Tuesday, 1 January 2013

Calgary Bandura


The bandura is the instrument of Ukraine, but it has played an important function in Calgary's Ukrainian community too.  The bandura movement in Calgary had its initial stages somewhere in the late 1970's and early 1980's.   Alberta Culture must have played a part, but I am sure community representatives including Calgary's Mrs. Lydia Hladyshevsky contributed greatly too.  I do remember that there was a great convergence of energetic support for bandura which brought about summer classes, year long lessons, performances, and animated bandura players!
J Kytasty 2012

The bandura is a stringed instrument considered the national musical instrument of Ukraine.  Prominent through history as harmonic support for singing and dancing, the bandura was adopted for recounting the stories of the day adding tone painting and colorful support to exciting exploits of the Ukrainian cossack warriors.  Kobzari - players of the bandura were persecuted for expressing uncomfortable truths during Stalinist times, many executed.  Despite censure, bandura interest has risen over the last century, especially because its striking sound has the capacity to express historical truths through music, and influence emotions regardless of words.  

I remember excitely unpacking my new bandura from Ukraine, and when we travelled to visit baba and dido in Manitoba, there was no question about bringing it along in the camper.   The bandura and a new cassette player with a radio rode with me on the bunkbed of the camper.  Somehow, late in the night, I managed to find a radio station from Windsor, and the beautiful sound of ensemble bandura playing enchanted me.  I remember the first song too!!  Zore moya vechirnyaya!  Зоре моя вечірняня! The entire trip home was dedicated to intent listening and extracting the parts for the voice and bandura.  By the time we got home, I could play it (in a kid way).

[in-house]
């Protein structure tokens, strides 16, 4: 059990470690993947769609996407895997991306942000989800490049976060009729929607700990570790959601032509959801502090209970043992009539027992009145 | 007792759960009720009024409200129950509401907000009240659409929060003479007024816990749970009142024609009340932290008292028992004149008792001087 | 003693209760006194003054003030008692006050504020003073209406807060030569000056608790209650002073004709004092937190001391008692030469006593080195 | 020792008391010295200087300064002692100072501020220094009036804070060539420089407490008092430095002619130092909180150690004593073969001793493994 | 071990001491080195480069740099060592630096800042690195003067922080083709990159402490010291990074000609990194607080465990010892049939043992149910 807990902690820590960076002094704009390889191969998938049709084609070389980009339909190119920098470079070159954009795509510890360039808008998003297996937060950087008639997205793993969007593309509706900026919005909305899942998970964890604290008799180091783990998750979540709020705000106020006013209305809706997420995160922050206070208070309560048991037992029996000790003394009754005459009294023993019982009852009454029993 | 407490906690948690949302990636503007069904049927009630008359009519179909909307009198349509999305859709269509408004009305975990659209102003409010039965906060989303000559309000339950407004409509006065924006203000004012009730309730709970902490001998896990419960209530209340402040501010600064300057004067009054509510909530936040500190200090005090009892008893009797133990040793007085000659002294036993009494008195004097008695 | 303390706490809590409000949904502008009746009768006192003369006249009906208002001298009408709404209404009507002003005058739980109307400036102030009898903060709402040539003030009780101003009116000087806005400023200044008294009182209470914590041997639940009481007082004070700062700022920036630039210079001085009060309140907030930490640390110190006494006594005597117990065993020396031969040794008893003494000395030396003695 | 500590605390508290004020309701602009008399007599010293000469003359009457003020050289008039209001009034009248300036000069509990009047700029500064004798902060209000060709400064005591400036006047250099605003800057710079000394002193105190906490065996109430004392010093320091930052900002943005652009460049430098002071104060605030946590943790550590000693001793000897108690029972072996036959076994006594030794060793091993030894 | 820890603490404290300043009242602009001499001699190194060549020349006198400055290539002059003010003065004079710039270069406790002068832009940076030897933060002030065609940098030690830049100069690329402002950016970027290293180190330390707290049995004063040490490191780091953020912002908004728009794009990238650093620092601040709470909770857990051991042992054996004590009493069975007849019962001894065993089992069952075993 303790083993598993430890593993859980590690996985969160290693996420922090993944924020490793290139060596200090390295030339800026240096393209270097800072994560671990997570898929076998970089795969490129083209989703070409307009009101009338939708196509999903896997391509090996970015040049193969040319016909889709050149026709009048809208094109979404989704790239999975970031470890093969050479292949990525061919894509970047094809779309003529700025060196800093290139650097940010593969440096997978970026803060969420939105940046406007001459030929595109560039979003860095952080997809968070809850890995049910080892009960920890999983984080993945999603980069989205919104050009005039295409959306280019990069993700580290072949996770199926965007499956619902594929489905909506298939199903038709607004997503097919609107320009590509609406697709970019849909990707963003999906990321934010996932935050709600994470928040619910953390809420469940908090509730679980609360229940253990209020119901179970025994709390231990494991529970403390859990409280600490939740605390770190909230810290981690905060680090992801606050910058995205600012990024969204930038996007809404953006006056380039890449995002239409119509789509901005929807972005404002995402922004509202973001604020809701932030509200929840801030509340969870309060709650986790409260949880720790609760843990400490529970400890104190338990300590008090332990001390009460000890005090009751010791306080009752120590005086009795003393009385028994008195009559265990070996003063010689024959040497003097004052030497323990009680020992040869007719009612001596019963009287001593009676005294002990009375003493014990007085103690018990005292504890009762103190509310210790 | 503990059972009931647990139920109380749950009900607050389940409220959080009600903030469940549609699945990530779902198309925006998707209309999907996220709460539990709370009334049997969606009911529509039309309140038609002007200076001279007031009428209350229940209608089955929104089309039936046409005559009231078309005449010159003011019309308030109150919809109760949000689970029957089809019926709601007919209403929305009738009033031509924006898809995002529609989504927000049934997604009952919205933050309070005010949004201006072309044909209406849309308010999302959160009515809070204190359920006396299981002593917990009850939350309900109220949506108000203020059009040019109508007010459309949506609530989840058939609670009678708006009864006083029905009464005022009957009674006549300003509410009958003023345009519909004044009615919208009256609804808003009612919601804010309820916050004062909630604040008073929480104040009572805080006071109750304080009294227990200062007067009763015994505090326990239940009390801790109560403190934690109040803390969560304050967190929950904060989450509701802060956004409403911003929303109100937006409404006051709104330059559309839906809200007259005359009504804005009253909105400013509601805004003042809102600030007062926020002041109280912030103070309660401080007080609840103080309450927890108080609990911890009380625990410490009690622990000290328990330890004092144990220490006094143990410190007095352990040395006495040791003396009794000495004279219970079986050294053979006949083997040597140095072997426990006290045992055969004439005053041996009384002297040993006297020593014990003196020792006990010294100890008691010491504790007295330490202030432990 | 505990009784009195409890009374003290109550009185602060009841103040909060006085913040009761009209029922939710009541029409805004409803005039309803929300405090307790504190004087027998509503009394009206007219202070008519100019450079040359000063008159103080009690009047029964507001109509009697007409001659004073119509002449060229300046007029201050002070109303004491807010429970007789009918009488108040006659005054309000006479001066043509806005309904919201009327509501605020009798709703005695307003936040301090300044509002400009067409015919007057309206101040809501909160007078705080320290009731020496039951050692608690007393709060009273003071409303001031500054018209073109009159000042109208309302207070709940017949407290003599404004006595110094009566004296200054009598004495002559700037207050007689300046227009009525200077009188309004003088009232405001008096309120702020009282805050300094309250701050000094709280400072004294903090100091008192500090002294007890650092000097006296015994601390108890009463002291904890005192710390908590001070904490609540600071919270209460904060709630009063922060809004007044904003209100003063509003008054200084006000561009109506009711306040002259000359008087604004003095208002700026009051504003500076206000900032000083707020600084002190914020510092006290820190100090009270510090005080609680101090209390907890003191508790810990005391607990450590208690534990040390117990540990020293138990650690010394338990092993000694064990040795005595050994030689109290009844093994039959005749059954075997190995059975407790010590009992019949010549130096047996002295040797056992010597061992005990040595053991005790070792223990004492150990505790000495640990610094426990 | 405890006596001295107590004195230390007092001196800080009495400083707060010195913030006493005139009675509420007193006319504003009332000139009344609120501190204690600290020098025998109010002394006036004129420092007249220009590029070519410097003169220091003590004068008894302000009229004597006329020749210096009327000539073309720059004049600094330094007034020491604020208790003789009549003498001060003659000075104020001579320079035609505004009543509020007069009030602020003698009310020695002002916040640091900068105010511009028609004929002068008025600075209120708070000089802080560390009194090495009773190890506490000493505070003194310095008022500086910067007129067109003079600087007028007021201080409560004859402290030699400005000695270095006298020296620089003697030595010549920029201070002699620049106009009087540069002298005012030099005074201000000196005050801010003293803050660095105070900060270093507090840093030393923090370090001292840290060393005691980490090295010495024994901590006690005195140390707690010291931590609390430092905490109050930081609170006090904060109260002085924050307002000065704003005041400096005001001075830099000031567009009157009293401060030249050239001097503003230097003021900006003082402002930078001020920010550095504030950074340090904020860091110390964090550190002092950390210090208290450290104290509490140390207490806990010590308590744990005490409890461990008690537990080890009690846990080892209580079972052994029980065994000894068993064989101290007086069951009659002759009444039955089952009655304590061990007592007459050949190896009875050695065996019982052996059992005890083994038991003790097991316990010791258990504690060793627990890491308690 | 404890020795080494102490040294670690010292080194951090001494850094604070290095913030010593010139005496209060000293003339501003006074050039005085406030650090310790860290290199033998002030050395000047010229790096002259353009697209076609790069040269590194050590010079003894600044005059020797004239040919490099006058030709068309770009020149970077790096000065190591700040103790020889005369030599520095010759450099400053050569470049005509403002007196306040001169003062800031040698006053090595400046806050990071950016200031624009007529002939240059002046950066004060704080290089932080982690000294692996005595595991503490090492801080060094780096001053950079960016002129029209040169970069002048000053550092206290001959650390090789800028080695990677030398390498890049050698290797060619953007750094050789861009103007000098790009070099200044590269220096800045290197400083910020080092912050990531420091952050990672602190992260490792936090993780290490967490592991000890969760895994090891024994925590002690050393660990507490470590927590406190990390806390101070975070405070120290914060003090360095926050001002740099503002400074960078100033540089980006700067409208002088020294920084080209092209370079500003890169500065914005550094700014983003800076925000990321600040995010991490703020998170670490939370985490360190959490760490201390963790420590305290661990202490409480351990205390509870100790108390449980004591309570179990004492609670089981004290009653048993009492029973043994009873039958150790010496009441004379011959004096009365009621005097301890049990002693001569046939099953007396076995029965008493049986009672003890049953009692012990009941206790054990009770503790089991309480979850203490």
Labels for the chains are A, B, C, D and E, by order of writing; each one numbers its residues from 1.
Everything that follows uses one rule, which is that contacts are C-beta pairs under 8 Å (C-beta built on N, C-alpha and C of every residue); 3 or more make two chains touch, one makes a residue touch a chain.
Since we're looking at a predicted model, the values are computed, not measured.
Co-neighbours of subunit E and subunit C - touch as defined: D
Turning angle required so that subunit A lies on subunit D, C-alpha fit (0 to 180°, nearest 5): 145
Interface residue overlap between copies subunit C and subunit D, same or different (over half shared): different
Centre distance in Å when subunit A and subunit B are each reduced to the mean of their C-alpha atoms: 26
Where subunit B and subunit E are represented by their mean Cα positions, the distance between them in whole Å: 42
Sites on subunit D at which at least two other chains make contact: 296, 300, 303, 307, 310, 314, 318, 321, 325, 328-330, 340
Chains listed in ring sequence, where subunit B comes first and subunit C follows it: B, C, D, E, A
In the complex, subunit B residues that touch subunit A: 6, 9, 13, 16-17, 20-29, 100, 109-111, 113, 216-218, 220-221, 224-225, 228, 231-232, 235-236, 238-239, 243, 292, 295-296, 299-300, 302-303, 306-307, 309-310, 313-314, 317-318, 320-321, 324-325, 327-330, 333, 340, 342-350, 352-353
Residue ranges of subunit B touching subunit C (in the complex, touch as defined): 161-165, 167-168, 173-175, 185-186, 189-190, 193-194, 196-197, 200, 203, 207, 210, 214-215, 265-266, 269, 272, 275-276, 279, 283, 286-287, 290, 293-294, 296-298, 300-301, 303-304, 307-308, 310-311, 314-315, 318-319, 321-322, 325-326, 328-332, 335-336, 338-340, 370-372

While I began lessons with Professor Andrij Hornjatkevyc in Edmonton, with typical class and foresight, the Ukrainian community soon arranged for more unique opportunities for western Canadian participants.   They lured some of the most talented contemporary Ukrainian musicians of the time, sharing no expense in arranging for teachers of the prestigious Ukrainian Bandura Chorus for the program.  Victor Kytasty, Julian Kytasty (progeny of the amazing Hryhory Kytasty line) and Marko Bandera taught - the breadth of experience, talent and technical training was astonishing.  Edmonton and Calgary had hugely successful summer programs, lessons with ensemble work, individual classes and classic repertoire that resonated in the minds and spirits of families across the prairies.  Performances of stories, ballads, and dumas just like the ancient kobzari fed the community's sense of identity - it was resoundingly successful!

Julian Kytasty, the Ukrainian American composer, singer, kobzar, bandurist, flute player and conductor has had a passionate relationship with bandura - as you can read in this article from  Den'.


Will there be another phase in Calgary's bandura journey soon?  Let's hope!!











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